Standing Together

by | May 9, 2024 | Latest News, Opinion

Third time’s the charm. You let me know if that’s the case by the time you finish this article – it’s the third one I’ve written where I feel compelled to share an experience with Jewish News. The first was after I completed the March of the Living in Poland. Second was after a volunteer trip with the JDC. And the third?

The third’s about me being in a warzone.

It started with a well-meaning email. From a coalition of mainstream Jewish organizations.

Subject: URGENT Rally Call to Action – Sunday at 11am | UCLA Campus.

The email mentioned incidents of antisemitism associated with U.S. campuses. It said, “Now more than ever, it’s crucial that we stand together to support the Jewish students and community members” and ended with “Join us for a peaceful gathering to support our UCLA students! Bring flags!” This was Friday evening.

Let me preface – I was already planning on being on UCLA’s campus that morning. I’d been volunteering with the LA support chapter for Standing Together (ST), a grassroots movement of Palestinians and Israelis working together toward peace on the ground in Israel. They’ve got support chapters all over the world like the LA one. Rather than taking the Pro-Israel or the Pro-Palestinian side, we show there is a third way, that there are actually Jews and Palestinians working together. So naturally, when we got word that there would be demonstrators outside the UCLA encampment, we agreed – that’s where we needed to be.

Cut to Sunday morning. The students of the UCLA encampment had decided they would stay inside the encampment. No one in or out. Having gotten there early, I saw how quiet the campus was. The Lulu lemon joggers were out. The wizened professors tipped their straw hats. The calm before the storm.

The organizers from the above flyer were there, setting up a stage and jumbotron worthy of a rock star. That’s when a pro-Palestinian crowd marched into the staging area. I recognized many of them from protests elsewhere in LA, including members of the Revolutionary Communists (RevComms). These were not UCLA students.

More and more people flooded onto campus. Israeli and Palestinian flags multiplied.

Then I heard the CEO of the ADL, Jonathan Greenblatt, get introduced onto the organizer’s stage. I heard him shout (amongst all the other shouting) “Look at this scene.” He gestured to the Pro-Palestinians and the student encampment. “They hide behind signs, we wave our flags proudly. Because they know that in the end, they’re evil and their fascism will not win and we know, Am Yisrael Chai.” Those protestors waving Israeli flags started chanting with him. I was shocked.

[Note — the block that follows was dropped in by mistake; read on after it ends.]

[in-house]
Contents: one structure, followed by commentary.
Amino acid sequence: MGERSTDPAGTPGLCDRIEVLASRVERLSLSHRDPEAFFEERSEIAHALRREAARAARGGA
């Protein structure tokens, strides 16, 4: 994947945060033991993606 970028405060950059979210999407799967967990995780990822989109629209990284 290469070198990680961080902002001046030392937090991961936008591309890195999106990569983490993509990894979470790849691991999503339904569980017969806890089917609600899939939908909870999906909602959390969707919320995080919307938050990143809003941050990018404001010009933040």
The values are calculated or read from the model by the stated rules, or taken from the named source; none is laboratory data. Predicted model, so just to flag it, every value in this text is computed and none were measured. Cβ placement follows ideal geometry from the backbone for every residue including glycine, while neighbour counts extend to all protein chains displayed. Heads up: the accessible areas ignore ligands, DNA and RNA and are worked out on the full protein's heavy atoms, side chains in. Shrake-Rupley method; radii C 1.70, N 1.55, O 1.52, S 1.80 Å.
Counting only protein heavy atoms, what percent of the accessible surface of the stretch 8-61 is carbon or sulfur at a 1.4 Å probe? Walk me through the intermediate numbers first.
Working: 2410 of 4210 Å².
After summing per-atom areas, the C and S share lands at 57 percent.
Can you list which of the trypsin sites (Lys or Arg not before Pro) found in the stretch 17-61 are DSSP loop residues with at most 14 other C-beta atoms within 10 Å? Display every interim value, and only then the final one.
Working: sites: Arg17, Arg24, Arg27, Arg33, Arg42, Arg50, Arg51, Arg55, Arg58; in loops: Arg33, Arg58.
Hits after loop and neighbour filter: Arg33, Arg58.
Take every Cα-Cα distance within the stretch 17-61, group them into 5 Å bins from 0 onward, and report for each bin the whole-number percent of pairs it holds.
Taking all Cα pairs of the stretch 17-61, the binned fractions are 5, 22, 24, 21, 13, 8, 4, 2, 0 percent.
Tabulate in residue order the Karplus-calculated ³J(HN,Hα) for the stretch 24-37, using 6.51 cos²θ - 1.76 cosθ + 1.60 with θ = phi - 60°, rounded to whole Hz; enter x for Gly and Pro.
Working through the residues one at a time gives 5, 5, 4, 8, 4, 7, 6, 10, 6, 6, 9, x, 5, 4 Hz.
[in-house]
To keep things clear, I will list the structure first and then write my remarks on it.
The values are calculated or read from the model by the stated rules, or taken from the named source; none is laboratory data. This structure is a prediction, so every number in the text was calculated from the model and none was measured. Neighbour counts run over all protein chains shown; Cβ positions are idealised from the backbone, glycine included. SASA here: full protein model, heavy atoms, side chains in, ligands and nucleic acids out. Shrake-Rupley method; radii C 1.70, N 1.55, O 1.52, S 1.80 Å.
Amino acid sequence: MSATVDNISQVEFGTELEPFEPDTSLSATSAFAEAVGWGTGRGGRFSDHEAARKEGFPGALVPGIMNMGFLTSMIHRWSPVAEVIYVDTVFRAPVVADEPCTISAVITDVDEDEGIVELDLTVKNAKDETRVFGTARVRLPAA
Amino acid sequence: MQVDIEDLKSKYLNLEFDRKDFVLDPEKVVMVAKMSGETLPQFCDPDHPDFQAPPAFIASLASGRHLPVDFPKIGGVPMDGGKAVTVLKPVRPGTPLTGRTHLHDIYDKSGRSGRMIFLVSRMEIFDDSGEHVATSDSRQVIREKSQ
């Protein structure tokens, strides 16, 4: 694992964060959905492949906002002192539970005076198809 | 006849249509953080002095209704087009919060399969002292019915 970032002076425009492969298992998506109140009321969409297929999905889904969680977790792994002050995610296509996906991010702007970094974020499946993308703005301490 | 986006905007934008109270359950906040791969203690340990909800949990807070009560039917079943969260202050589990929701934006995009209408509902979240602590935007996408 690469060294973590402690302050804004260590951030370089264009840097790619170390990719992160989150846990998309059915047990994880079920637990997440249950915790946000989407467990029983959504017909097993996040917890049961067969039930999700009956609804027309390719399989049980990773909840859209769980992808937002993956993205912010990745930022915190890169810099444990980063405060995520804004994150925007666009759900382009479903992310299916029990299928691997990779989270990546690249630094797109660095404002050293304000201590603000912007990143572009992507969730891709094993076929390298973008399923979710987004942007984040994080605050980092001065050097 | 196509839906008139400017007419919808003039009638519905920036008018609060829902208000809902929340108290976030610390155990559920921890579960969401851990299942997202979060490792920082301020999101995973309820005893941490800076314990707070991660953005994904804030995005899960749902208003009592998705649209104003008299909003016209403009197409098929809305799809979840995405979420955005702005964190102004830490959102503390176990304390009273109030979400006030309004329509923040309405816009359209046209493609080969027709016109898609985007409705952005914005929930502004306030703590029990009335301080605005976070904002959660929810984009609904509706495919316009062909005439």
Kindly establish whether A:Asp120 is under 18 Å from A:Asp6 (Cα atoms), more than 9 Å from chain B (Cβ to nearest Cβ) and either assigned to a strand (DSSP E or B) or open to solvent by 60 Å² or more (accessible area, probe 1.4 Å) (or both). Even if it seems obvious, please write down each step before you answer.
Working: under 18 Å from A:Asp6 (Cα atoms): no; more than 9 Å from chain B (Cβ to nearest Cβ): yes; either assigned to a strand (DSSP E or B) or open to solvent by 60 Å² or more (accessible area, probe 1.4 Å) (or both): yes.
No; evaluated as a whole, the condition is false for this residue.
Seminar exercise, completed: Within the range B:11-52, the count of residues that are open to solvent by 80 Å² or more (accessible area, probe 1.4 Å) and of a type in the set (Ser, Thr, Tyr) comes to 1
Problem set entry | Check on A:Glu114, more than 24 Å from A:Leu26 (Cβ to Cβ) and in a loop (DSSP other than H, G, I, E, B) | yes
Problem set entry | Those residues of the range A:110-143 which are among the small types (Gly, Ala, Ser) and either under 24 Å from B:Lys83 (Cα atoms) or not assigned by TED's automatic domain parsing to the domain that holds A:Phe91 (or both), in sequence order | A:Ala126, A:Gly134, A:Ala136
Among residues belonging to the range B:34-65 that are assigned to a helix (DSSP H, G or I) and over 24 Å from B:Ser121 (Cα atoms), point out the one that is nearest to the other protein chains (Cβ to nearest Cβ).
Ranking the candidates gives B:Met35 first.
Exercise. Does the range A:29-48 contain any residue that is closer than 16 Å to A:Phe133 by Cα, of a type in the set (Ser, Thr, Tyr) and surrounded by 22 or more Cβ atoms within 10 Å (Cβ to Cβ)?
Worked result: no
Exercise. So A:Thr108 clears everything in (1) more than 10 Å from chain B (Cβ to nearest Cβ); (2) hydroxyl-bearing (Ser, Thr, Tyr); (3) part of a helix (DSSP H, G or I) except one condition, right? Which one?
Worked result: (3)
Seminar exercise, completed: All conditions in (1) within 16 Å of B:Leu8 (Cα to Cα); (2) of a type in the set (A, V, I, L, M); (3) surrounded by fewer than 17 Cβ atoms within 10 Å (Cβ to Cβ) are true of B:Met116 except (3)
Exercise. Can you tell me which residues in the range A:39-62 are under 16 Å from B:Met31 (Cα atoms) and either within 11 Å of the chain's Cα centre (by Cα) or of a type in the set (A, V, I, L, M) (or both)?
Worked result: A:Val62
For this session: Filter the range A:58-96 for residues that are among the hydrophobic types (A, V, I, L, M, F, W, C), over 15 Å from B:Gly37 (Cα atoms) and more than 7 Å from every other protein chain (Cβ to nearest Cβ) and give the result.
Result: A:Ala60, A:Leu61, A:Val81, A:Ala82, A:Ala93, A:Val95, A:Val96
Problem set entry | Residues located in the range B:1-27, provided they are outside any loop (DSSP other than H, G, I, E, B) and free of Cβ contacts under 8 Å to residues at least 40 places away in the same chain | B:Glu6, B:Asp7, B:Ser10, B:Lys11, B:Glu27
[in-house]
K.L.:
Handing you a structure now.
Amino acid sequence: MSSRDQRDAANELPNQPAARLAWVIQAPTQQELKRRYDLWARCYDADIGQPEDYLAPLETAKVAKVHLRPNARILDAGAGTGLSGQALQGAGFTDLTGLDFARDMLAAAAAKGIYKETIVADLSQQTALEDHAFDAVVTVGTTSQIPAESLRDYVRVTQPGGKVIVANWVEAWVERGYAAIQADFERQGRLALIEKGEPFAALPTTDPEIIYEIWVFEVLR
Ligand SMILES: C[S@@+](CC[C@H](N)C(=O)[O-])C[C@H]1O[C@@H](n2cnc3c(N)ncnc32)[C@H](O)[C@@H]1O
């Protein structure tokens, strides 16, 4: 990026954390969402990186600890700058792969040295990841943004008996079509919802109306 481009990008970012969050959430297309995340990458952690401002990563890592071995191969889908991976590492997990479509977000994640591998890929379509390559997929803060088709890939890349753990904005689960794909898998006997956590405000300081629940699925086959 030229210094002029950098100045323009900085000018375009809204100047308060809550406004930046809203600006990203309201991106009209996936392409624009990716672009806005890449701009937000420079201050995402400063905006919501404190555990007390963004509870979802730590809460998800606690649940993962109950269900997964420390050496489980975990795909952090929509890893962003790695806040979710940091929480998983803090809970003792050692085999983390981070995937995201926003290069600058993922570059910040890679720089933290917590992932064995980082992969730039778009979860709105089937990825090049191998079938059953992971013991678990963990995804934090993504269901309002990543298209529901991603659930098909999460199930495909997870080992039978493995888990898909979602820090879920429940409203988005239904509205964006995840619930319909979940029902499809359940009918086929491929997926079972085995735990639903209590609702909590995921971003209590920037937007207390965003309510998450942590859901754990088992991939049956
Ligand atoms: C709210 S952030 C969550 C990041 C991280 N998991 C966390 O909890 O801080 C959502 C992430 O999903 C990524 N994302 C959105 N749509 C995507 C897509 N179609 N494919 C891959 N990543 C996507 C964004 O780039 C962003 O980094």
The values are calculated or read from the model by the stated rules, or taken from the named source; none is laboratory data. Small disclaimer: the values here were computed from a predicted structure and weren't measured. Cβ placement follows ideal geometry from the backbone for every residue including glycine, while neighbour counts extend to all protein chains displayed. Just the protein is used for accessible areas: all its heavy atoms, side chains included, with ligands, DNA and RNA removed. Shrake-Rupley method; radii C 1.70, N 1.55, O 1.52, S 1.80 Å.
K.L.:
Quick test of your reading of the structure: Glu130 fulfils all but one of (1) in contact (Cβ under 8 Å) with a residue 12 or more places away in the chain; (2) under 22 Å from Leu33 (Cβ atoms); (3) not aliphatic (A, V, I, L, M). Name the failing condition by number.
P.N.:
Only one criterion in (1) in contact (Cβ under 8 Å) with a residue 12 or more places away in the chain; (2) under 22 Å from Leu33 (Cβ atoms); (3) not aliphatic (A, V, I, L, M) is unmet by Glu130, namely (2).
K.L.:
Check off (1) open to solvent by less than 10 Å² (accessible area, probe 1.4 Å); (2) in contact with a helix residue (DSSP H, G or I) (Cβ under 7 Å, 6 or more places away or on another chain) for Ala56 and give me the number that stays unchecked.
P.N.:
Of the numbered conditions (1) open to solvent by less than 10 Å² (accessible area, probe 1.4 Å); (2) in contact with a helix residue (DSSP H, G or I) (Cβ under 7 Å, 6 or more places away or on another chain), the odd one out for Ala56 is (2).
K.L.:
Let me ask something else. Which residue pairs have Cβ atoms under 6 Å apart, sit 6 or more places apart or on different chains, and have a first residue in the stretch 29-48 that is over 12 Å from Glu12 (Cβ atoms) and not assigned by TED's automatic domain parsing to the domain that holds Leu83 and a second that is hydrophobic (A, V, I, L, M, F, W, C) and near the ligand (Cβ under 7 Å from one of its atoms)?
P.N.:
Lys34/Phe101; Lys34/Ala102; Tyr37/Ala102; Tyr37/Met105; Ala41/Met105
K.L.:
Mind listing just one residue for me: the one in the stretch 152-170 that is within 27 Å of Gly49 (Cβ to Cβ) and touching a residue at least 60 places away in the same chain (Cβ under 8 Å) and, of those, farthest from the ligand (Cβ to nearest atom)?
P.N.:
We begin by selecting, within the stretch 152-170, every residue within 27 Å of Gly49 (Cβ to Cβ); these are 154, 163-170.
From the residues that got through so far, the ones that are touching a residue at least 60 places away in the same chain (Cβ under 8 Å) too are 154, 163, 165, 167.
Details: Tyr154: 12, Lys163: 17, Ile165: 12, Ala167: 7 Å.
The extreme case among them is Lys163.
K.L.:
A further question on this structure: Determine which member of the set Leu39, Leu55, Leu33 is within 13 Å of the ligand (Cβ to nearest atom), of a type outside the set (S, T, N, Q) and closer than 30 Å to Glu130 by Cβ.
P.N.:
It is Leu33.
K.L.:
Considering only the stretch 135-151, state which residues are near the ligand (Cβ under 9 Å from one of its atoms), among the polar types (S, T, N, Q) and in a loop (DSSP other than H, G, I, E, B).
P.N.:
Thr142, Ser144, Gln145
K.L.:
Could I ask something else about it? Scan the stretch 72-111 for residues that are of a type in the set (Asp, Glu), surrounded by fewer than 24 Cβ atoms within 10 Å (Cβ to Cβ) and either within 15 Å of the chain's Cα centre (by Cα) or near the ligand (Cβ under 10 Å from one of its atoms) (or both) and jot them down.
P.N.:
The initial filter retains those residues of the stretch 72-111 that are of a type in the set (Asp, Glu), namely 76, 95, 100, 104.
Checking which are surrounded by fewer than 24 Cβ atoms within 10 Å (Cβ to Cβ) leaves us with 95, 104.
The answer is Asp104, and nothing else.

Look back at that flyer.

They were supposed to be standing up “against hatred.” Yet here on the day were speakers chanting to “show strength before peace,” “to take back our campuses” from “the enemy.” This was the language coming from our own Jewish community. Not only was this language the opposite of the message that had been advertised, but it was also, as Rabbi Sharon Brous observed, “vitriol and moral rot manifesting right here in Los Angeles.”

It was dehumanizing.

I share these events NOT to disparage those mainstream Jewish organizations. I care about my Jewish community. I share as the latest in four generations of family involved with a myriad of Jewish organizations and one who is deeply concerned that the next generation’s support is being lost.

They see a commitment to Israel that seems to leave no room for Palestinians. An avoidance in emails and newsletters of the mention of “Gaza” except in regard to the hostages. It’s as if Palestinian and Israeli trauma is mutually exclusive.

Thus, it fuels their fire rather than siphons it. It sows division like I witnessed at UCLA.

You’ve probably heard all this on the news already. Heard of the violent clashes, saw the videos of masses absolutely screaming at one another.

You may have even heard that a few members of Standing Together and I were there too. But there’s one moment I want to share with you, as important to share with you as any moment I experienced among the survivors marching through Auschwitz or the JDC helping those in Bosnia.

Several of us from Standing Together, all dressed in purple, waded into the space between the protestors and counter-protestors. One of us began chanting, “From Gaza to Tel Aviv, all the children want to live.” Protestors on the Pro-Palestinian side began chanting it too, not realizing that several Pro-Israel protestors had also taken up the same chant. They began clapping. “It seemed that those protesters, each driven by their own grief and righteous desire for justice, did not know that such a collective call was imaginable. But then [Standing Together] handed them the life raft, big enough to hold us all,” observed Rabbi Brous.

Tikkun olam, loving thy neighbor, the stranger, etc. That’s what we do.

All Jews are responsible for one another. I would like to think that means we’re responsible for all our actions too, both the good acts and the bad. I hope we are strong enough to call out the bad and even take some responsibility for it, but at the very least to name it. If we talk about the future, we talk about the present. If we talk about our community, we talk about our neighbors. If we sign off with prayers for peace, we push for peace.

There is language, and there is a way we can be both Pro-Israelis and Pro-Palestinians. I bring attention to this for the sake of our Jewish organizations and the many young, future members who are reading and hearing their words.

Simon Fink is a Norfolk native.

The views and opinions expressed in this article are those of the author and do not necessarily reflect the views of Jewish News.